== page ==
Jump to content

Letting to students. Bad idea?


Recommended Posts

Hi.

I went to view a student HMO today which was on sale as an already let package, and ready to go.

Of course, it being lovely and warm today, the students had all the heating on same as usual.

Towels on radiators and galloping mould growth in the shower room. Lovely.

Putting all that aside though- for me, a student let seems like a sensible idea. Students are pretty reliable in terms of not getting into arrears, and the yields are pretty good.

This is a 4 occupant house, 2 storey, £155k let on a yearly basis with three rent payments of £5000 (equates to £1250 pm) and a fixed vacant period in the summer.

Does anyone have any experiences with student lets they would like to share?

Monthly bills are a bit of a worry - I'm thinking of £500 per month for heating and other expenses averaged over the year.

Sound about right?

Link to post

I work for a letting agency in Edinburgh and the best advice I can give for a student rent would be forward planning.

Fit extractor fans which switch on with the lights in the bathroom and kitchen. This should prevent moisture building up in those rooms.

Buy good solid second hand furniture which is relatively modern. Avoid flat-pack furniture like the plague, students manage to break/burn everything.

Supply mattress protectors with every tenancy. No need for an explantation here...

With the above in place, they can be ideal tenants especially if they have guarantors.

Link to post

Thanks a lot Dale - those all seem great suggestions.

 

Our offer has been accepted so it does look like I'll be putting your ideas into practice soon.

 

 

Any ideas on how to keep the fuel bills down to reasonable levels?

 

I'm thinking of offering some sort of incentive to the students ie £100 cashback at the end of each term if the meter readings are below a certain target.

Link to post

I have to say Richard, the rent inclusive of bills is new to me too. This isn't permitted in Scotland (as far as I know), it certainly isn't the norm.

 

I've read a few books on Student HMOs which mention this. If this is a popular thing in the rest of the UK, I'm sure there will be some special landlord tariff with a utility provider somewhere?

Link to post

I have to say Richard, the rent inclusive of bills is new to me too. This isn't permitted in Scotland (as far as I know), it certainly isn't the norm.

 

I've read a few books on Student HMOs which mention this. If this is a popular thing in the rest of the UK, I'm sure there will be some special landlord tariff with a utility provider somewhere?

 

I think it varies from city to city, but in many places the norm is to include bills. Which doesn't exactly incentivise turning the lights off, or shutting the window instead of cranking up the heating!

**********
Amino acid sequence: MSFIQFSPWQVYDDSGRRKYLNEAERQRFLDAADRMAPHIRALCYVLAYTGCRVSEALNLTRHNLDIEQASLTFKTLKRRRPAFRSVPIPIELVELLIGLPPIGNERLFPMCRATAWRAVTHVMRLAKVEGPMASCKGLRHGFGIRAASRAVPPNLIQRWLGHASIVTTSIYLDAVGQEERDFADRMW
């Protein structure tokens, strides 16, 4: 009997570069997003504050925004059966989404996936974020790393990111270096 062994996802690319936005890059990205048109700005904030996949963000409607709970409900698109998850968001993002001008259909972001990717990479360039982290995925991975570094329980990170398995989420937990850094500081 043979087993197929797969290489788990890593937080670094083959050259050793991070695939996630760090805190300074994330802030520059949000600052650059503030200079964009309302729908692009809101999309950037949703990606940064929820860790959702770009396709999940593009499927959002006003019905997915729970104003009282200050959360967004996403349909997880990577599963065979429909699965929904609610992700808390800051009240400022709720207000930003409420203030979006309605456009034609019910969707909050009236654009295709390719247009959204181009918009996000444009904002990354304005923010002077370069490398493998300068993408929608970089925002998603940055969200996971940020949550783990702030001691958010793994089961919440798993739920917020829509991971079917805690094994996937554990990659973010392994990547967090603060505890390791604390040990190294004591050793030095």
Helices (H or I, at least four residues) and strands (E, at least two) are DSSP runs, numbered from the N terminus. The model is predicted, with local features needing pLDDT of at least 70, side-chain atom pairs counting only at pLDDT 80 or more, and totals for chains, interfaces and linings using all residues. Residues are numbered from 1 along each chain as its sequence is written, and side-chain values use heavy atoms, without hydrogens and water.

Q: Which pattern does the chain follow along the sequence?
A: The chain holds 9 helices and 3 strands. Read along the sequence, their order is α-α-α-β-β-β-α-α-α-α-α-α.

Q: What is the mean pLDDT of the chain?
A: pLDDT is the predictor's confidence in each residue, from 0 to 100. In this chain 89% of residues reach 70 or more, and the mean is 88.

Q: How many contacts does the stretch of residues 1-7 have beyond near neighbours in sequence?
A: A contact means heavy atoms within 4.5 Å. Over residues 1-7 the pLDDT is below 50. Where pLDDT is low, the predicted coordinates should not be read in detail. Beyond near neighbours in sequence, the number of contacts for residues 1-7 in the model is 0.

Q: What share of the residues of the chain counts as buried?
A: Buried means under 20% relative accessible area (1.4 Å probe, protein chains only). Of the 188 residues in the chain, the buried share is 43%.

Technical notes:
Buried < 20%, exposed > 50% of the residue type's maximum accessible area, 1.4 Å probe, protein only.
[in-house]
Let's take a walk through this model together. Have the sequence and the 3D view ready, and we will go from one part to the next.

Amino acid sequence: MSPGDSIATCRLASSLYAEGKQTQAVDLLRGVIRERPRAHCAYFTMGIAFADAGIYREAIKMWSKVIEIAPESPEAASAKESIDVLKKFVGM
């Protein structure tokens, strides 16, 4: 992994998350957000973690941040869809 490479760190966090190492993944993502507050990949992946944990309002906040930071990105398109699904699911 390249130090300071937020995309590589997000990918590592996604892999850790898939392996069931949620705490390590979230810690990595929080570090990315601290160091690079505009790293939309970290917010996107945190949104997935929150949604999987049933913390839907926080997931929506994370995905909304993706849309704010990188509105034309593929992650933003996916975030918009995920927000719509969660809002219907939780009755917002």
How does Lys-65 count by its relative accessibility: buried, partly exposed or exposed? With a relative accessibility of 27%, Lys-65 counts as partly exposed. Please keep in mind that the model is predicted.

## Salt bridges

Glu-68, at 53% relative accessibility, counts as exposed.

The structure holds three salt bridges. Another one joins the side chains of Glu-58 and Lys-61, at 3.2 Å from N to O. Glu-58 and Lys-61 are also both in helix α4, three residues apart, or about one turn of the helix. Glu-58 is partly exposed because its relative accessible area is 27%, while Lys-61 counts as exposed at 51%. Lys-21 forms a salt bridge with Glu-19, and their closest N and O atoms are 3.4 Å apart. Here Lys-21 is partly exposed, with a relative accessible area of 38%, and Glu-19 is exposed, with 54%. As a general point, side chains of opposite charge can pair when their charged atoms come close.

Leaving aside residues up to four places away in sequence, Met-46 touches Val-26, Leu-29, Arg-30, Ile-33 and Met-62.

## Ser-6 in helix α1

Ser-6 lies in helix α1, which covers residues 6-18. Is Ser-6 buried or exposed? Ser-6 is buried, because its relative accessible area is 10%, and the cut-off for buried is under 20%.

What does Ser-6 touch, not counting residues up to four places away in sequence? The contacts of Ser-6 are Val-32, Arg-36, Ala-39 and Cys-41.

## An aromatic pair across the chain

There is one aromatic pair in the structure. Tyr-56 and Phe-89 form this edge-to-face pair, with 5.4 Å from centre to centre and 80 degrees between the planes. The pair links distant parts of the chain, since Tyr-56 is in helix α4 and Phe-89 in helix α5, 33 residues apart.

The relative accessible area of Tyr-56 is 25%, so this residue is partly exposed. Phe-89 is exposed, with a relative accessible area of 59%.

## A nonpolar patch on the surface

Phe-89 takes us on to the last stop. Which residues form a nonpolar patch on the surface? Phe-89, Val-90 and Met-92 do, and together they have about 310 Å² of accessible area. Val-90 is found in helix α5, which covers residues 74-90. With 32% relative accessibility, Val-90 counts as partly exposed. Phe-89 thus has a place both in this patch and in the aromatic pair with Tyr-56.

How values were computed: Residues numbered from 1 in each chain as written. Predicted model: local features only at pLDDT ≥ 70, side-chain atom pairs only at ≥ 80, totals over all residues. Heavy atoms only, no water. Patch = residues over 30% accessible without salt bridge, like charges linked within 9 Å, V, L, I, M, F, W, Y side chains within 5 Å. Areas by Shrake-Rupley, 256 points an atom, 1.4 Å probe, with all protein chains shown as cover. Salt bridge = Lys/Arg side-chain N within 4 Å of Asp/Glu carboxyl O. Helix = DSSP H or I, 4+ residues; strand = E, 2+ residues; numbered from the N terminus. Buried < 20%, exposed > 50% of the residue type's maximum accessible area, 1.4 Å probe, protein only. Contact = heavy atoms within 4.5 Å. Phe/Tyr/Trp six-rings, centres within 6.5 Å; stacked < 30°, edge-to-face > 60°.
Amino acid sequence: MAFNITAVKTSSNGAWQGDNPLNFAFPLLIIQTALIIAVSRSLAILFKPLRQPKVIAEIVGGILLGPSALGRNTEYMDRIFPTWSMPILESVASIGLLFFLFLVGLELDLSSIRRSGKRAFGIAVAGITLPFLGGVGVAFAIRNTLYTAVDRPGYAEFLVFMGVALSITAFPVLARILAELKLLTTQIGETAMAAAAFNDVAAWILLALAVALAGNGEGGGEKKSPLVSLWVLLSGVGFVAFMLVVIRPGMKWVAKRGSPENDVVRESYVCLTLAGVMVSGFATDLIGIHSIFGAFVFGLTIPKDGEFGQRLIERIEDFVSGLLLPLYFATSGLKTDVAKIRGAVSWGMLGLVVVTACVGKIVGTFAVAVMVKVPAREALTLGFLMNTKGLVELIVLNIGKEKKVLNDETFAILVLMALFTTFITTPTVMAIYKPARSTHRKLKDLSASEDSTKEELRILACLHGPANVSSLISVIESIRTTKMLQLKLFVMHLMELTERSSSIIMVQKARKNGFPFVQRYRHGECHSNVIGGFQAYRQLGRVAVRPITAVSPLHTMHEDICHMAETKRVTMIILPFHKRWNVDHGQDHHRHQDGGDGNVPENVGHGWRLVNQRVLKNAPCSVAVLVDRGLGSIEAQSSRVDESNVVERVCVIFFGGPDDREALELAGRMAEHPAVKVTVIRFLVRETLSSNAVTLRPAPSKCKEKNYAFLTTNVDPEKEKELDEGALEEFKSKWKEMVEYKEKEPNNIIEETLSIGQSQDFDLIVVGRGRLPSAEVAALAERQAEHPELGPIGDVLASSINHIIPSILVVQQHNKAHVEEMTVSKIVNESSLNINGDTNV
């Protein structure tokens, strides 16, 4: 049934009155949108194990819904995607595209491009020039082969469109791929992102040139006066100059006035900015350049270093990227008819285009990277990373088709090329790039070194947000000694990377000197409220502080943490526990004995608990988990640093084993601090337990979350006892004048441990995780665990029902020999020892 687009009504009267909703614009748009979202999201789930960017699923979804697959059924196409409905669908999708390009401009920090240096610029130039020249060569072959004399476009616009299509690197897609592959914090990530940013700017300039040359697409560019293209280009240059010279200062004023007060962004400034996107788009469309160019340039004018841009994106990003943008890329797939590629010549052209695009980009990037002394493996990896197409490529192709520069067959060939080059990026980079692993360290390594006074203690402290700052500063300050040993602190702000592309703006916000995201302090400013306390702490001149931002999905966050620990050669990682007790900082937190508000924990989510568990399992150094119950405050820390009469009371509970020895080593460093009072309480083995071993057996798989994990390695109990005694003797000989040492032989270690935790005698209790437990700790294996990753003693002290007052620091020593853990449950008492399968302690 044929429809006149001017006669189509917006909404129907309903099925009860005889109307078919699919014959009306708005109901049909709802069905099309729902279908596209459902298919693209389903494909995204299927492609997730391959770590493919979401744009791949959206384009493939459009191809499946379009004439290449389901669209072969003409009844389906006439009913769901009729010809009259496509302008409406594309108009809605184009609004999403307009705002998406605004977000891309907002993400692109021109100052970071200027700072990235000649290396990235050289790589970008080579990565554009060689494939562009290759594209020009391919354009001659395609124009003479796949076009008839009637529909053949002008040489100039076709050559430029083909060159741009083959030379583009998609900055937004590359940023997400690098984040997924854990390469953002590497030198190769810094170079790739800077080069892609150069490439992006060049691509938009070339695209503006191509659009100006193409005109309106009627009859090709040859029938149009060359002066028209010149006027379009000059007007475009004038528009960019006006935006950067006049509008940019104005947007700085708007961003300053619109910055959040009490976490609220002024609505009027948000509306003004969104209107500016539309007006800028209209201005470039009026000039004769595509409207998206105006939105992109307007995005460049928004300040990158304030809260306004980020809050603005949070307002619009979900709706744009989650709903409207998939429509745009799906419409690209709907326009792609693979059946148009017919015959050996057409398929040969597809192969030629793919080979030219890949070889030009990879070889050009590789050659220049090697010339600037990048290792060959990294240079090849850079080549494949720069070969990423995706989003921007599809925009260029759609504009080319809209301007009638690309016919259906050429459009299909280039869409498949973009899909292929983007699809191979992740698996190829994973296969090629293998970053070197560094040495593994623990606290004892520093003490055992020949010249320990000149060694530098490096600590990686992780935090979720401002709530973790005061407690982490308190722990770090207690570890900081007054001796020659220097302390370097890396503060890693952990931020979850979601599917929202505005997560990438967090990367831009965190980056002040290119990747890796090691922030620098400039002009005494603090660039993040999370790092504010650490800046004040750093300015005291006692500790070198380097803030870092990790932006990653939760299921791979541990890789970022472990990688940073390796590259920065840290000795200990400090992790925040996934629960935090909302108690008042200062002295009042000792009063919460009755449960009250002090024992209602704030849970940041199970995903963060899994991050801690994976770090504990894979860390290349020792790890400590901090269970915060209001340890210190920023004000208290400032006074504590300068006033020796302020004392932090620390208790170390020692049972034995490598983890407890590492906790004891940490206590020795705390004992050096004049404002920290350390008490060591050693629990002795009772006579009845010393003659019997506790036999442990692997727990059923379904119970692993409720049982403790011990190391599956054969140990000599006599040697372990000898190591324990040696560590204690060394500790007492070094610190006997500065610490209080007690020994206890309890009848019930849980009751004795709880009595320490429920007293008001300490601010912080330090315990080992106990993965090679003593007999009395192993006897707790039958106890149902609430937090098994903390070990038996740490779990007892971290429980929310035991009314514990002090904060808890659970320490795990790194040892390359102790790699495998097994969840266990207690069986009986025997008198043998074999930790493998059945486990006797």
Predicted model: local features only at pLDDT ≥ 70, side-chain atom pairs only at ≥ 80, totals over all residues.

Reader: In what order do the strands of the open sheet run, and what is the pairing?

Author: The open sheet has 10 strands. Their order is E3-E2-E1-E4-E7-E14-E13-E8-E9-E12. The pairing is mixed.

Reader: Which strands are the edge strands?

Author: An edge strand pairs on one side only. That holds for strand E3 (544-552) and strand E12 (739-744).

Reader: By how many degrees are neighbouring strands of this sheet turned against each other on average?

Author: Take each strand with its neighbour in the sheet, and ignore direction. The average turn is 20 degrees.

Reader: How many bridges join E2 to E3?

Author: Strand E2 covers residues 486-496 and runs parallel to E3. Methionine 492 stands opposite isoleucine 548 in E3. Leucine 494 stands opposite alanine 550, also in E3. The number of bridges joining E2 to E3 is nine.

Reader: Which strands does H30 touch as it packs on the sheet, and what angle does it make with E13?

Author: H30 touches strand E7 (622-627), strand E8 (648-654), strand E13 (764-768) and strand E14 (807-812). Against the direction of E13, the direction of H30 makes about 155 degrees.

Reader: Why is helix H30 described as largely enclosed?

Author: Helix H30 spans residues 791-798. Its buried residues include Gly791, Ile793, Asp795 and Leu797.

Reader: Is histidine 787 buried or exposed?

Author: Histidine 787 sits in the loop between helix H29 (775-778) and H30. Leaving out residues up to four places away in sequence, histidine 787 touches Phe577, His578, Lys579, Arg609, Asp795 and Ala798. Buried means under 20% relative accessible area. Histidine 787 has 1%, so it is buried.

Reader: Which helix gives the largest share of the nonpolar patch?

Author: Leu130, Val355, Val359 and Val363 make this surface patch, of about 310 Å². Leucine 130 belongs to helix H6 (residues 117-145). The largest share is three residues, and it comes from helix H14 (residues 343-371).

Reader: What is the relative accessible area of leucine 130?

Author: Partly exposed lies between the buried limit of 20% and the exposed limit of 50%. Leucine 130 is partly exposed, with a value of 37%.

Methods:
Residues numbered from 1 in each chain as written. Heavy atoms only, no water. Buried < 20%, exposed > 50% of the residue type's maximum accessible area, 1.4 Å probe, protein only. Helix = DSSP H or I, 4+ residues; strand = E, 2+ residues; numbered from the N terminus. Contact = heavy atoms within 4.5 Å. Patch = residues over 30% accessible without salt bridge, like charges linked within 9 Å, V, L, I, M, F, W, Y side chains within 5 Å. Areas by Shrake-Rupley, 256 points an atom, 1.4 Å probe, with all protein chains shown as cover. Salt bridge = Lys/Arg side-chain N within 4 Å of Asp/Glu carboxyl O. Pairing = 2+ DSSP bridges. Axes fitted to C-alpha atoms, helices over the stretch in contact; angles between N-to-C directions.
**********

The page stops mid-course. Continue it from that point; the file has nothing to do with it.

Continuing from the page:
When bills are included, it's common to include an "allowance" up to a certain monthly amount, and charge for any usage over that amount.

 

In my day we had to sit around dividing up the electricity bill by six and collecting cheques from everyone...don't know they're born etc etc :)

Link to post

Rob -

Aye - we had to live in a shoe box in t' middle of t' road!

 

etc. ^_^

 

- but you are right it does seem that whether or not bills are included depends on location. I guess it all boils down to the same thing in the end.

 

I might go the high-tech route and look at smart heating systems which regulate the heating automatically depending on occupancy, outside temp etc. If I find a good solution I'll share it here.

Link to post

I invest in student HMO's and agree with all of the above. I would add a couple of things:

 

I would allow 10% of your rent for ongoing maintenance, and obviously if you cover bills these will be on top. 

You should budget to do minor refurbs (carpets, decorating, refresh kitchen/bathrooms) every 3-5 yrs to make sure your property continues to rent well each year, particularly with the increase in purpose built accommodation.

Most importantly, if you're not managing the property yourself make sure you have a great letting agent. It will make all the difference. If you are managing yourself, make sure you have trades you can call on quickly as students are very adept at trashing stuff and not knowing how to get things to work…most of them have not lived away from home before. Expect lots of panic calls about how to turn the hoover on etc etc  :)

 

Apart from that good luck! Let us know if you have any other qns.

Link to post
  • 1 month later...

Hi Richard,